*Suspected cultists paraded in the community
OGAGA IFOWODO delivered this lecture at Oleh, Delta State, under the auspices of the Solomon Ogba Peace Group in Collaboration with Flomat Books
OUR subject is grim, a cause of one of our deepest anxieties – bordering on the nervous kind – about the present and future of this headache country called Nigeria.
If education is both the nursery and bedrock of the future, the place where the intellect and character of the men and women to lead a society, shape its political vision, and engage in its productive work are trained, then there is good cause for the nervous anxiety we all feel with literally every report that comes these days from the schools, in particular – and only because of our topic today – the universities and other tertiary institutions.
And, no, I am not now thinking of the national embarrassment of so-called university students who cannot spell their names – okay, if that is putting it too bluntly – who cannot tell a noun from a verb or finish three sentences without an embarrassing grammatical or semantic error.
There are, indeed, “the miracles,” the desert flowers, that astonish us through sheer improbability. But they exist in spite, and not because, of the current state of our tertiary institutions. To return to the point, I am, rather, thinking of what has been dubbed “the menace” or “scourge of secret cults.”
Confraternities and secret cults: Separating the dream from the nightmare: Let us begin with an attempt to clarify what secret cults are by first going to the origin of confraternities in Nigeria. For, today, the terms “confraternities” and “secret cults” do not mean separate things in the mind of the public: the one immediately suggests the other.
The word confraternity, according Webster’s dictionary, means “a lay brotherhood devoted to some religious or charitable service; a society, especially of men, united for some purpose or in some profession.” The root word is the Latinate “frater” which means brother.
The first fraternity, Phi Beta Kappa, was formed on December 5, 1776 in the United States of America. It was founded at the College of William and Mary in Williamsburg, in the colony of Virginia; a college second only to Harvard as the oldest institution of higher learning in America.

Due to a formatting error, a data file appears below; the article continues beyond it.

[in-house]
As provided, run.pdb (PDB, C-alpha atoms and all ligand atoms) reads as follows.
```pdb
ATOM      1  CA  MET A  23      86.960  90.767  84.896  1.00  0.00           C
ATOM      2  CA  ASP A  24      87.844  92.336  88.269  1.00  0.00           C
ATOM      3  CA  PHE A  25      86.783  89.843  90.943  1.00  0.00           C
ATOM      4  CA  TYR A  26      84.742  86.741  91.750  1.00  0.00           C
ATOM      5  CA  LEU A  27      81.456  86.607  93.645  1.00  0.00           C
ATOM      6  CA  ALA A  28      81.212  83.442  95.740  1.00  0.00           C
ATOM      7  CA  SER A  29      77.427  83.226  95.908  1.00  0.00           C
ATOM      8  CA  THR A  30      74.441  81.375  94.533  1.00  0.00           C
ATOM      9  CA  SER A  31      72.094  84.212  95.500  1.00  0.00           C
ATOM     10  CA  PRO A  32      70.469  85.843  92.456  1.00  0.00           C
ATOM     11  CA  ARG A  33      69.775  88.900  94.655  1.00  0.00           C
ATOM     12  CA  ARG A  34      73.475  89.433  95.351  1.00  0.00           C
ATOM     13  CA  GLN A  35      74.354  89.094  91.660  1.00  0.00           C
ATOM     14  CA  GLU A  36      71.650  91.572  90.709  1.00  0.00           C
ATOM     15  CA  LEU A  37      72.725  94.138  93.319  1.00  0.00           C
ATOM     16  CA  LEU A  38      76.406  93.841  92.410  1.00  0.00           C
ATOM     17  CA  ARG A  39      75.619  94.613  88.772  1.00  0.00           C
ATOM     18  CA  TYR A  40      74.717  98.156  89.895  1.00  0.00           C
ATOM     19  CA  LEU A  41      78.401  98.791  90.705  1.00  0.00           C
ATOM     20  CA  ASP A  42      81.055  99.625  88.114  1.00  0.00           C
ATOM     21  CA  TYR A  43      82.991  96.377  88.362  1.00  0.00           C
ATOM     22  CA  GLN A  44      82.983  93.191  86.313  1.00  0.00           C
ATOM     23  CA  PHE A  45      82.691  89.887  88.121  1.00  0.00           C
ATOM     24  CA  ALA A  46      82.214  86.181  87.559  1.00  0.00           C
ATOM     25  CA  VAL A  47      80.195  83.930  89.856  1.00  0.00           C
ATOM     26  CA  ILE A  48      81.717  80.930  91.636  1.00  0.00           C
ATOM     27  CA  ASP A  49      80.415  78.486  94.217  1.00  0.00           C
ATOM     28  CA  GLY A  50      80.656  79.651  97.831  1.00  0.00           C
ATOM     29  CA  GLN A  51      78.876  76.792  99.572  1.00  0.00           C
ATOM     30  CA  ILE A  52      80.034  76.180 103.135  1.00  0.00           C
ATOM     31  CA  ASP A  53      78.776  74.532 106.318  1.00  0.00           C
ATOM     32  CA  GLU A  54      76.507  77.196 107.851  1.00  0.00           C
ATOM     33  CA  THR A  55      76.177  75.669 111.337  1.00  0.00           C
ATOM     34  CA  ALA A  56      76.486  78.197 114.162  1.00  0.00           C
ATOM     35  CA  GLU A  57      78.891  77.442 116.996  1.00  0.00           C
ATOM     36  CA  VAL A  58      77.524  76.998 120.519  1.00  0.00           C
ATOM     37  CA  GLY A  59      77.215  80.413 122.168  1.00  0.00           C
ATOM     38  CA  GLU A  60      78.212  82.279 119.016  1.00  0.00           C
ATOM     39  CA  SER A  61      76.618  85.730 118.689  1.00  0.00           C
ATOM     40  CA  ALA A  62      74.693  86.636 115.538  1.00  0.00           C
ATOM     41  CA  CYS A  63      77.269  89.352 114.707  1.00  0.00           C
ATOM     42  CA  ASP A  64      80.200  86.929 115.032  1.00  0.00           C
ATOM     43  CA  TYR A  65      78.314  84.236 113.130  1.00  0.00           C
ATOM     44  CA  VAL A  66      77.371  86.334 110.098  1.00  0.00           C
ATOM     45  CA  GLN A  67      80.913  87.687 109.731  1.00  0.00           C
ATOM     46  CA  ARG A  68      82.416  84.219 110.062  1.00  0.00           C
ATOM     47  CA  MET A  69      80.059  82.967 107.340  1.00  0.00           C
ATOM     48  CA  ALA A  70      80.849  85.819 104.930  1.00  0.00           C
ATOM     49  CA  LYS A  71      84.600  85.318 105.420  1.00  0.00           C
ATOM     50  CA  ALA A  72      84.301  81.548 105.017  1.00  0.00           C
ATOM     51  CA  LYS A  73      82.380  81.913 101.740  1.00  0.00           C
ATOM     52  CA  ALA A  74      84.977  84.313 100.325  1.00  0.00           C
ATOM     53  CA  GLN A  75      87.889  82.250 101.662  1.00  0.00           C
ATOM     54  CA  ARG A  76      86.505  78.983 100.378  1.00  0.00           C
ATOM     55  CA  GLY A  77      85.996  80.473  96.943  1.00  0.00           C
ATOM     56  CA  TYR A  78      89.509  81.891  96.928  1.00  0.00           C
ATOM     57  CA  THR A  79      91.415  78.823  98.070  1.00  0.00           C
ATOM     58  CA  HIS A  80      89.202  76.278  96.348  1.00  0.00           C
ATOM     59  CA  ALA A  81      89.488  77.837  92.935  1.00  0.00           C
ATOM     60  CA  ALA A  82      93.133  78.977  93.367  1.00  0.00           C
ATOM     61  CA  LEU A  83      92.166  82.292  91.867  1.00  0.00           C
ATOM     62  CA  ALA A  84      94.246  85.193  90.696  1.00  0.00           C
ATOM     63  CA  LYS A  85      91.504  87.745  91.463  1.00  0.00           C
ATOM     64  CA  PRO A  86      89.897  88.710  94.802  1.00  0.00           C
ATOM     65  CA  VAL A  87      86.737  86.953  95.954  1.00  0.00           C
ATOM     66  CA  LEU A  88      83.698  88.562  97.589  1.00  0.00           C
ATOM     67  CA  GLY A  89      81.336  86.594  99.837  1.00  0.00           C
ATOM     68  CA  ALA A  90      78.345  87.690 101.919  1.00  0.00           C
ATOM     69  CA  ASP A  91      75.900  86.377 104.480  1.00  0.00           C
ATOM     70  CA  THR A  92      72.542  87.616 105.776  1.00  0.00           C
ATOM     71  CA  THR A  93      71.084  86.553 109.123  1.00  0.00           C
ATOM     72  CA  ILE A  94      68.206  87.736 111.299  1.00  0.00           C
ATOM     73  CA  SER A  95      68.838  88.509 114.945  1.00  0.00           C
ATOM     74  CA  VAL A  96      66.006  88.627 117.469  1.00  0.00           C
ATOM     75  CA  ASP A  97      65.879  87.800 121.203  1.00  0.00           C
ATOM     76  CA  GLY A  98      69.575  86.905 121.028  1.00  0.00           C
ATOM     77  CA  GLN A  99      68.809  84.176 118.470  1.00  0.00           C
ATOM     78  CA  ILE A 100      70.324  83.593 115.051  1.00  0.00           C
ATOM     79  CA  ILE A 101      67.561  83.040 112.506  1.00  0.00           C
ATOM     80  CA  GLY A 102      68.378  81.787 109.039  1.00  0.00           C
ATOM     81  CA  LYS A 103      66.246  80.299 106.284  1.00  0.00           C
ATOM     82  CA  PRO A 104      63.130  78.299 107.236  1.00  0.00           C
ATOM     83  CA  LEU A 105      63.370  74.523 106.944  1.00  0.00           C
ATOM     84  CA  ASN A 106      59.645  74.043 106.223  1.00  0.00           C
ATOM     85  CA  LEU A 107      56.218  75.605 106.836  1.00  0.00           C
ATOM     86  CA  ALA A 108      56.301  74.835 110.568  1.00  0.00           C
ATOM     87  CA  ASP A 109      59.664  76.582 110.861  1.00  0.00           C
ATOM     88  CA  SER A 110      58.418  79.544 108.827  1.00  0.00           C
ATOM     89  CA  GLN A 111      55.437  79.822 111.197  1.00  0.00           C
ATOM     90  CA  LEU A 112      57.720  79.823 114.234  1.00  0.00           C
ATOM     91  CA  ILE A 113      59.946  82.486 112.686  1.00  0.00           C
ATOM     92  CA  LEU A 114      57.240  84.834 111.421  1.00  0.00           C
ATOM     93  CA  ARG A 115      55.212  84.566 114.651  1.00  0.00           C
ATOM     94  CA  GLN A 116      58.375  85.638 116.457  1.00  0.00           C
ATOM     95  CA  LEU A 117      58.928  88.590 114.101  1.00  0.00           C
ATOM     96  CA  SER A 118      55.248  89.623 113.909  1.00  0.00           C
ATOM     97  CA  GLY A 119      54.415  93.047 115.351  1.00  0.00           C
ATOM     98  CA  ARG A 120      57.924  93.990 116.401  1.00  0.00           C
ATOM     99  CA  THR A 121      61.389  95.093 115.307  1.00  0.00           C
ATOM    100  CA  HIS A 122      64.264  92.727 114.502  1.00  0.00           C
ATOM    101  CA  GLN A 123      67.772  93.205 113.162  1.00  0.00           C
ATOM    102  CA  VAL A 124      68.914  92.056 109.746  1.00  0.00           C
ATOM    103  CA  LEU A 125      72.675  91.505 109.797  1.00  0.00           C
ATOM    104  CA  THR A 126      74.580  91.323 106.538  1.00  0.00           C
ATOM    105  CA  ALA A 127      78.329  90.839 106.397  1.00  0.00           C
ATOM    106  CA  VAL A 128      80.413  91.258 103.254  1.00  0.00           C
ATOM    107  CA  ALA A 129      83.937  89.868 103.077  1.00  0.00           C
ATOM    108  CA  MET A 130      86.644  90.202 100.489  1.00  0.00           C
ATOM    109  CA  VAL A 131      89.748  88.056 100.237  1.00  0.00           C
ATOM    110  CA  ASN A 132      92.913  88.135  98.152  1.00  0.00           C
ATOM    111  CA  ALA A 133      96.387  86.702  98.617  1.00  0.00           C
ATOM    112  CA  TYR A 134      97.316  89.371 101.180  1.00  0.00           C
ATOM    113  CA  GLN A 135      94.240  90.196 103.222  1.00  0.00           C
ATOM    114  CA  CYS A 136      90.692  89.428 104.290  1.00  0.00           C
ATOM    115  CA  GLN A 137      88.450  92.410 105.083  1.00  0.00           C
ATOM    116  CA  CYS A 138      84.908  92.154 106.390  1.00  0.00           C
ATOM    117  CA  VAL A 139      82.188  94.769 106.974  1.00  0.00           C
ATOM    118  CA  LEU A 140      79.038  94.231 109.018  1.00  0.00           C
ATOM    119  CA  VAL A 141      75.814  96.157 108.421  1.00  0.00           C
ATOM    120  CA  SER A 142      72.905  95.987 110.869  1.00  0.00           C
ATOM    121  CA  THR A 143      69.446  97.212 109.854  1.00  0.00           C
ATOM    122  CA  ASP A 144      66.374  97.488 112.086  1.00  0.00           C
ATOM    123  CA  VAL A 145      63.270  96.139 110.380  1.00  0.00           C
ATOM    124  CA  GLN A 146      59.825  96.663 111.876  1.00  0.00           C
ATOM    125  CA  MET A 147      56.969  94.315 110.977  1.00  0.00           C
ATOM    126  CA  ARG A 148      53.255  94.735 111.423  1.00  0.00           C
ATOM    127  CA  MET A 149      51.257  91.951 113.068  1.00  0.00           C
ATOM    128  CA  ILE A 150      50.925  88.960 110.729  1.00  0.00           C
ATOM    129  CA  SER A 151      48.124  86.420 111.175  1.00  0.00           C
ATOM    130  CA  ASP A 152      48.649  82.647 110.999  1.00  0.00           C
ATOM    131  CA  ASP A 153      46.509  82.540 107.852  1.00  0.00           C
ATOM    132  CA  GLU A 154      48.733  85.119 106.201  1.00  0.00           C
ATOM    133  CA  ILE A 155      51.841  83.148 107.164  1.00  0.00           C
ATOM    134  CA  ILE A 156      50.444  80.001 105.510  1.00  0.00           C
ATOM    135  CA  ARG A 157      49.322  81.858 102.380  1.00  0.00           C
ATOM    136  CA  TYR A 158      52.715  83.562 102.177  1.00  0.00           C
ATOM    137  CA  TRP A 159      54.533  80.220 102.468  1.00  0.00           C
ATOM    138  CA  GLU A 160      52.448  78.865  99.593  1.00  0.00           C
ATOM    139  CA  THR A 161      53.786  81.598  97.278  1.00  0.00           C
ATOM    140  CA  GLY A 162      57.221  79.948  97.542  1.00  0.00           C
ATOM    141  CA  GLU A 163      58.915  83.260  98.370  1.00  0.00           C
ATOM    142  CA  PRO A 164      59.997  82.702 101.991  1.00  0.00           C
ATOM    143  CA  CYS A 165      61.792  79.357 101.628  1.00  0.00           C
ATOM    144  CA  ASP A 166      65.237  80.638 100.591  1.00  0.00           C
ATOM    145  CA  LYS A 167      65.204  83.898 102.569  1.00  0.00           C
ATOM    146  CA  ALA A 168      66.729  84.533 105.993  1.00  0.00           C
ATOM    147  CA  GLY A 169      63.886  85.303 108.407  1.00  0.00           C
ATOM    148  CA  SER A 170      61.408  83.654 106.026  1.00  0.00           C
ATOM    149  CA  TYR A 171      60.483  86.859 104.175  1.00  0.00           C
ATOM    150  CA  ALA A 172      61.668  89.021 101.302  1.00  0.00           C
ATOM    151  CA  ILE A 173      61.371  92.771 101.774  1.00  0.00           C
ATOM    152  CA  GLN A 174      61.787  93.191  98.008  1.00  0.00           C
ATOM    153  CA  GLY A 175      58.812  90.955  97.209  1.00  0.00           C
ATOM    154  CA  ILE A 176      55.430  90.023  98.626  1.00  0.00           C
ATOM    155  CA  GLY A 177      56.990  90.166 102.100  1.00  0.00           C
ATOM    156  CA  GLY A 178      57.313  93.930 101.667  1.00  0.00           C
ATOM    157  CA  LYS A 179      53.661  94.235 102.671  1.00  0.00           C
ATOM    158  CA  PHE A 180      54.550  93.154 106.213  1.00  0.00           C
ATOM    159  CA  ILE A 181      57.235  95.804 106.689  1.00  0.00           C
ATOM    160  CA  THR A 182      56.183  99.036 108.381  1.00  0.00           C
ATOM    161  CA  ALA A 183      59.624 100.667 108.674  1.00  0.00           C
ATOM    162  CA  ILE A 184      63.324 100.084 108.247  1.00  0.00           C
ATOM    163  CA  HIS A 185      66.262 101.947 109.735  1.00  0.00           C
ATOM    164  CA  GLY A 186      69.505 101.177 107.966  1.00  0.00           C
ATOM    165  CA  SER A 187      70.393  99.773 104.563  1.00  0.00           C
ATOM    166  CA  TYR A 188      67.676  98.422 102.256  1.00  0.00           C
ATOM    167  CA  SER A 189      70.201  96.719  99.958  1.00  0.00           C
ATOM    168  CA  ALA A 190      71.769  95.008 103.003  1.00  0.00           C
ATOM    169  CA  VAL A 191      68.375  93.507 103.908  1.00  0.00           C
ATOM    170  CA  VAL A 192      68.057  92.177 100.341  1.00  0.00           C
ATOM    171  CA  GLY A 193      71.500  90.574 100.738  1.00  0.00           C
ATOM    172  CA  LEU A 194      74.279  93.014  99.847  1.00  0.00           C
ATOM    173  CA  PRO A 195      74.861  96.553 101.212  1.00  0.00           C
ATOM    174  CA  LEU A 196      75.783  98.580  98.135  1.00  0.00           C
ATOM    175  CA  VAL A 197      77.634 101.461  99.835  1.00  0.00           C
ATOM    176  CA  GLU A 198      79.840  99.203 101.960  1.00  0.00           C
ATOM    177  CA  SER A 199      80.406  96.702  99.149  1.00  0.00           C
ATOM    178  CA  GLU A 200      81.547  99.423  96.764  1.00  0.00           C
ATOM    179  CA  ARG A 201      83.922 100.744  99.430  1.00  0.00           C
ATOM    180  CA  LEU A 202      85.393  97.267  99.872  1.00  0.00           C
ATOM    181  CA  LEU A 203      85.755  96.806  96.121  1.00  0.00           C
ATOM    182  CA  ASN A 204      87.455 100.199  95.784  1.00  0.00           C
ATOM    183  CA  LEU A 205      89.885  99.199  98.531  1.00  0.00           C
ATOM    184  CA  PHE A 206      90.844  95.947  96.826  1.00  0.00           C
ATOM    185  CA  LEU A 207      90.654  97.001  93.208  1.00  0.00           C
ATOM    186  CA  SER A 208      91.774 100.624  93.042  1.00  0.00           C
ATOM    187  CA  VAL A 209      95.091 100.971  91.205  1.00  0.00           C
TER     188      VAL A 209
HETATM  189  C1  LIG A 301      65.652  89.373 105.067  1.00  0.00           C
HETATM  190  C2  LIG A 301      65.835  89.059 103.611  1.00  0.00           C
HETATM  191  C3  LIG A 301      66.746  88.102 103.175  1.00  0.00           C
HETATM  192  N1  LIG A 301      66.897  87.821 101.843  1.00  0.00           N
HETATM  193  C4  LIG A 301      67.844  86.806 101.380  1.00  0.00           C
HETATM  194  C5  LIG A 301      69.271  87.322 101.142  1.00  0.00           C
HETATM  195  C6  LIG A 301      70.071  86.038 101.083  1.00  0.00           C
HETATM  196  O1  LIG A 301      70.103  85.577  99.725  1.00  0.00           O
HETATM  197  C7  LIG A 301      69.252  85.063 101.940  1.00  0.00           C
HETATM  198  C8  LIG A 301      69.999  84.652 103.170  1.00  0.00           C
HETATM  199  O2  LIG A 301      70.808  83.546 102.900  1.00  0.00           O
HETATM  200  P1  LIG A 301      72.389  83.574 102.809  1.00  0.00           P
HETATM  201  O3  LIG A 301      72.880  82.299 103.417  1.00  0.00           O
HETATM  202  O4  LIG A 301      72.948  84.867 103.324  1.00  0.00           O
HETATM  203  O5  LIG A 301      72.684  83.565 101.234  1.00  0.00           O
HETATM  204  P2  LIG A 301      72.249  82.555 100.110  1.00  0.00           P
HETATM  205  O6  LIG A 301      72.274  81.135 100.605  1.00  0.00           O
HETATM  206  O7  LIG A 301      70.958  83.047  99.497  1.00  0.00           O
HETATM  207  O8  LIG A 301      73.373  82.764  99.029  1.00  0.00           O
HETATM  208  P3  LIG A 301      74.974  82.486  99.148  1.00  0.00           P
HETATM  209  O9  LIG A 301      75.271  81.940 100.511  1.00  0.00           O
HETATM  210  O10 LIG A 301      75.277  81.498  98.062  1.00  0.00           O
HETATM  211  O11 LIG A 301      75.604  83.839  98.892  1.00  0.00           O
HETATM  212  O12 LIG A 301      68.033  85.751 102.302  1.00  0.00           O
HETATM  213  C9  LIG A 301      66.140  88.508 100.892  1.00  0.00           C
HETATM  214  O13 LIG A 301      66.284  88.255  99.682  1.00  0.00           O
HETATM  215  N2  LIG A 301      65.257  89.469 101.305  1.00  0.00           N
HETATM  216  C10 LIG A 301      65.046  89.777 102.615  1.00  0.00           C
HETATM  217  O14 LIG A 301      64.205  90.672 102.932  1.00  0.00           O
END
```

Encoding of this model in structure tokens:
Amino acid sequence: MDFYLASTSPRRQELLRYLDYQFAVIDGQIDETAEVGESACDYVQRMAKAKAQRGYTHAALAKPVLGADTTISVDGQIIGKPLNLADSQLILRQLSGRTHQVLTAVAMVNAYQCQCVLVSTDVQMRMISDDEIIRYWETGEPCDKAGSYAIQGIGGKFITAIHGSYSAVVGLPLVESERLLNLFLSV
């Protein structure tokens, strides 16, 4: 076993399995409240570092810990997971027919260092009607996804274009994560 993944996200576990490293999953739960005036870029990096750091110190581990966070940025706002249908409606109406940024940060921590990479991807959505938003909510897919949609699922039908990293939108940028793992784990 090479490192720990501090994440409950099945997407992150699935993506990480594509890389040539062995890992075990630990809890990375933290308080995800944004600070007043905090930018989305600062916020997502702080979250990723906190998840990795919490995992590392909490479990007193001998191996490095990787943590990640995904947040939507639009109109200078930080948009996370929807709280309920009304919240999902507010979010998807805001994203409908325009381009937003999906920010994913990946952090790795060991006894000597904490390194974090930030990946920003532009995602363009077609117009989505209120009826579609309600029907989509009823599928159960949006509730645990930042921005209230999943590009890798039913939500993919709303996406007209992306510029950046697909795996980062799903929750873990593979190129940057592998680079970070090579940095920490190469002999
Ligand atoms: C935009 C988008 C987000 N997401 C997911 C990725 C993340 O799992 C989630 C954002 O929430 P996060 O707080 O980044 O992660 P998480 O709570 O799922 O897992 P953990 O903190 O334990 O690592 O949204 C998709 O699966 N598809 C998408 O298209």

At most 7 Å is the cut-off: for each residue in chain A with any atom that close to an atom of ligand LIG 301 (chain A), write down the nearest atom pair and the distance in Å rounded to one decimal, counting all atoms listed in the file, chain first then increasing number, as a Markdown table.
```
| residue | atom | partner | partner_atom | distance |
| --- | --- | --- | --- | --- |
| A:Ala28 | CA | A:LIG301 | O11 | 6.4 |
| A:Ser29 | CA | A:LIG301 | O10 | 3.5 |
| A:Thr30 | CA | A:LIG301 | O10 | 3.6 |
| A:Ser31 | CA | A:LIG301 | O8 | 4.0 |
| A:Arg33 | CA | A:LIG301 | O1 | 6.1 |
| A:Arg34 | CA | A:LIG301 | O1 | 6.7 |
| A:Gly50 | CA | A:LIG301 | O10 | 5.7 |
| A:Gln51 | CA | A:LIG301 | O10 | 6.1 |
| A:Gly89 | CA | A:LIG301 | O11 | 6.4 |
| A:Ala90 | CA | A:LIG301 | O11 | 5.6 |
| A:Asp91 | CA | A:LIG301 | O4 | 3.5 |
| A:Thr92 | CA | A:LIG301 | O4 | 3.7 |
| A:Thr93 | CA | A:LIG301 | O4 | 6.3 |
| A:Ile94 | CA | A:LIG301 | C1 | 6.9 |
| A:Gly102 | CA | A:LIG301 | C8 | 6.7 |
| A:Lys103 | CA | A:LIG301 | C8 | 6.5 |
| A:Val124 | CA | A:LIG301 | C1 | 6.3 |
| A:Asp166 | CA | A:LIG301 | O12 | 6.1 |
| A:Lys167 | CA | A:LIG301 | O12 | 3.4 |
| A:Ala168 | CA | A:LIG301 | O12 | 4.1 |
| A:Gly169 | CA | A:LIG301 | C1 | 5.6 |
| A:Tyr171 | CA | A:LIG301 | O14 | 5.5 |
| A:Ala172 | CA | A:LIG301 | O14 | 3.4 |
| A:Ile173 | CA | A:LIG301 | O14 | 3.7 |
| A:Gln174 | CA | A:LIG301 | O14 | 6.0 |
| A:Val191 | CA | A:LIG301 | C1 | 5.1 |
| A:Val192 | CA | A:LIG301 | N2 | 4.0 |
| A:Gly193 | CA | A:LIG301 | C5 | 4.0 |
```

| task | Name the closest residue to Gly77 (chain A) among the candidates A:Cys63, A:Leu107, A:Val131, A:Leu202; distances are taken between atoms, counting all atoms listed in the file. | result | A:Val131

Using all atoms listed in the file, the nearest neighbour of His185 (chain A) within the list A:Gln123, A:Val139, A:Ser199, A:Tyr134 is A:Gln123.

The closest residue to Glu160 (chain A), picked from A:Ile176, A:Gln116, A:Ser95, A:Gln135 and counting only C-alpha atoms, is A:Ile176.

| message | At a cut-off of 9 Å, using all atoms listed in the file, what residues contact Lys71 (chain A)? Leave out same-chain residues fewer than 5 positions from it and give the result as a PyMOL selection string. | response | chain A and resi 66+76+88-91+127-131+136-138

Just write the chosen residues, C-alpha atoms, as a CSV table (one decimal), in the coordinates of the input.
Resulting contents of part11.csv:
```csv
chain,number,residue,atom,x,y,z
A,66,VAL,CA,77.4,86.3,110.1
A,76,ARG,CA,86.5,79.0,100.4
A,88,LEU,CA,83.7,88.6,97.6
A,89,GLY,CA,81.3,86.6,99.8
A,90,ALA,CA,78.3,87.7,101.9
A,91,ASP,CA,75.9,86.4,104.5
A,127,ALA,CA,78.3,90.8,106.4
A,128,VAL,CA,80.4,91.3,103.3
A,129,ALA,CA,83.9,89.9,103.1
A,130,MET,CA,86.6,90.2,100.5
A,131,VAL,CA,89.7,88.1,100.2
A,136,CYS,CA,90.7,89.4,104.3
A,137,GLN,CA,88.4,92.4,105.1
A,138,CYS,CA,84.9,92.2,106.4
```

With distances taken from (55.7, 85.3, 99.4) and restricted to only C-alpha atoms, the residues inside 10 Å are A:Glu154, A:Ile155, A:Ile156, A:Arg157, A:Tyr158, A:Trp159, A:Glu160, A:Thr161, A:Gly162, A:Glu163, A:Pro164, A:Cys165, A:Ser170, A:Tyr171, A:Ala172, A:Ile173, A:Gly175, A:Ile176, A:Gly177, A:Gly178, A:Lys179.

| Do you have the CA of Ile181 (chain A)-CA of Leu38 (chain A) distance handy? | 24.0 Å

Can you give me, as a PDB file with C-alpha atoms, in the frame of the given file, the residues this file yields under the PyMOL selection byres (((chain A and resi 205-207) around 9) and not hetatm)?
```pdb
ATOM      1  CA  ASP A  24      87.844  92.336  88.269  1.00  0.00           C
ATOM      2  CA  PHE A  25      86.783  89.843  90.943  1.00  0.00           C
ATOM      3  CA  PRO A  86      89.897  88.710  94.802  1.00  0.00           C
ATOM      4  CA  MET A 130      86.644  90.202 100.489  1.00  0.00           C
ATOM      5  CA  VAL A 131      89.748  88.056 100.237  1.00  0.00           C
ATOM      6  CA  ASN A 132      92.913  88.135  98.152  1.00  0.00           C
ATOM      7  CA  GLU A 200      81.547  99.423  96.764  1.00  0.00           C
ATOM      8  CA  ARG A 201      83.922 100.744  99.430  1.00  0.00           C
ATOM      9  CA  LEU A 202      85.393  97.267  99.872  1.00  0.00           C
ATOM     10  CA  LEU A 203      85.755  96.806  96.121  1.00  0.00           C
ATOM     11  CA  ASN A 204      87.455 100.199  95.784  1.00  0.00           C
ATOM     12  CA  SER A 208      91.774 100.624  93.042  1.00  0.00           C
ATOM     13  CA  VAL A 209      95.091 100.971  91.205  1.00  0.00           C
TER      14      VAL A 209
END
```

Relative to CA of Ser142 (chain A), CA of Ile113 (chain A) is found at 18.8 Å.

Even that long ago, it had all the features associated with the fraternities that are a part and parcel of American universities today, such as lofty principles, a motto, an insignia, rituals, a code of friendship and camaraderie.
Phi Beta Kappa held regular meetings during which its members discussed literary and social questions of the day, including such hot political topics as taxation and representative democracy. Because it was formed during the period of revolution, it could only hold its meetings in secret.
Three years after it was formed, chapters were established at Yale and Harvard. This became the model for all subsequent fraternities and sororities (the sisterhoods) as well.
The manifestoes of nearly, if not all, of the “secret cults” known to operate within but also outside the campuses profess adherence to these characteristics. At least, that is what you will find with respect to the five oldest and better known ones. It is undoubtedly what anyone who cares to look will find in the manifesto of the Pyrates Confraternity, or the Seadogs, the oldest.
It was founded, according to the history published on its website, to combat class privilege or elitism, affectations or the blind aping of British colonial culture and social mannerisms, tribalism, discrimination, convention or stasis, and social injustice of any kind.
Its members also sought to live by the code of chivalry – to defer to and protect the weaker sex (presumably from gender discrimination as well, although this is not explicitly stated). In other words, its primary concern was to do whatever it could to ensure that the first university college in Nigeria would produce thinkers and visionaries and not yes-men and women dying to cast themselves in the image of the coloniser.
Today, the pernicious mix of class and ethnic chauvinism that served as its impetus might sound strange, but here is how the Pyrates Confraternity described the context of its emergence, a view corroborated by objective studies, as in the essay “Violence in the Citadel: The Menace of Secret Cults in the Nigerian Universities” by AdewaleRotimi, published in a 2005 issue of the Nordic Journal of African Studies, and to which I will make further reference below. Meanwhile, here is how the Pyrates Confraternity describes the context of their emergence:
“In the early days of the University College of Ibadan … higher education was a near exclusive preserve of children from wealthy homes. The product of this middle [sic] upbringing, scions of business tycoons and colonial aristocracy, brought into the UniversityCollege all their notions of class privilege and indifference to the social realities of the nation.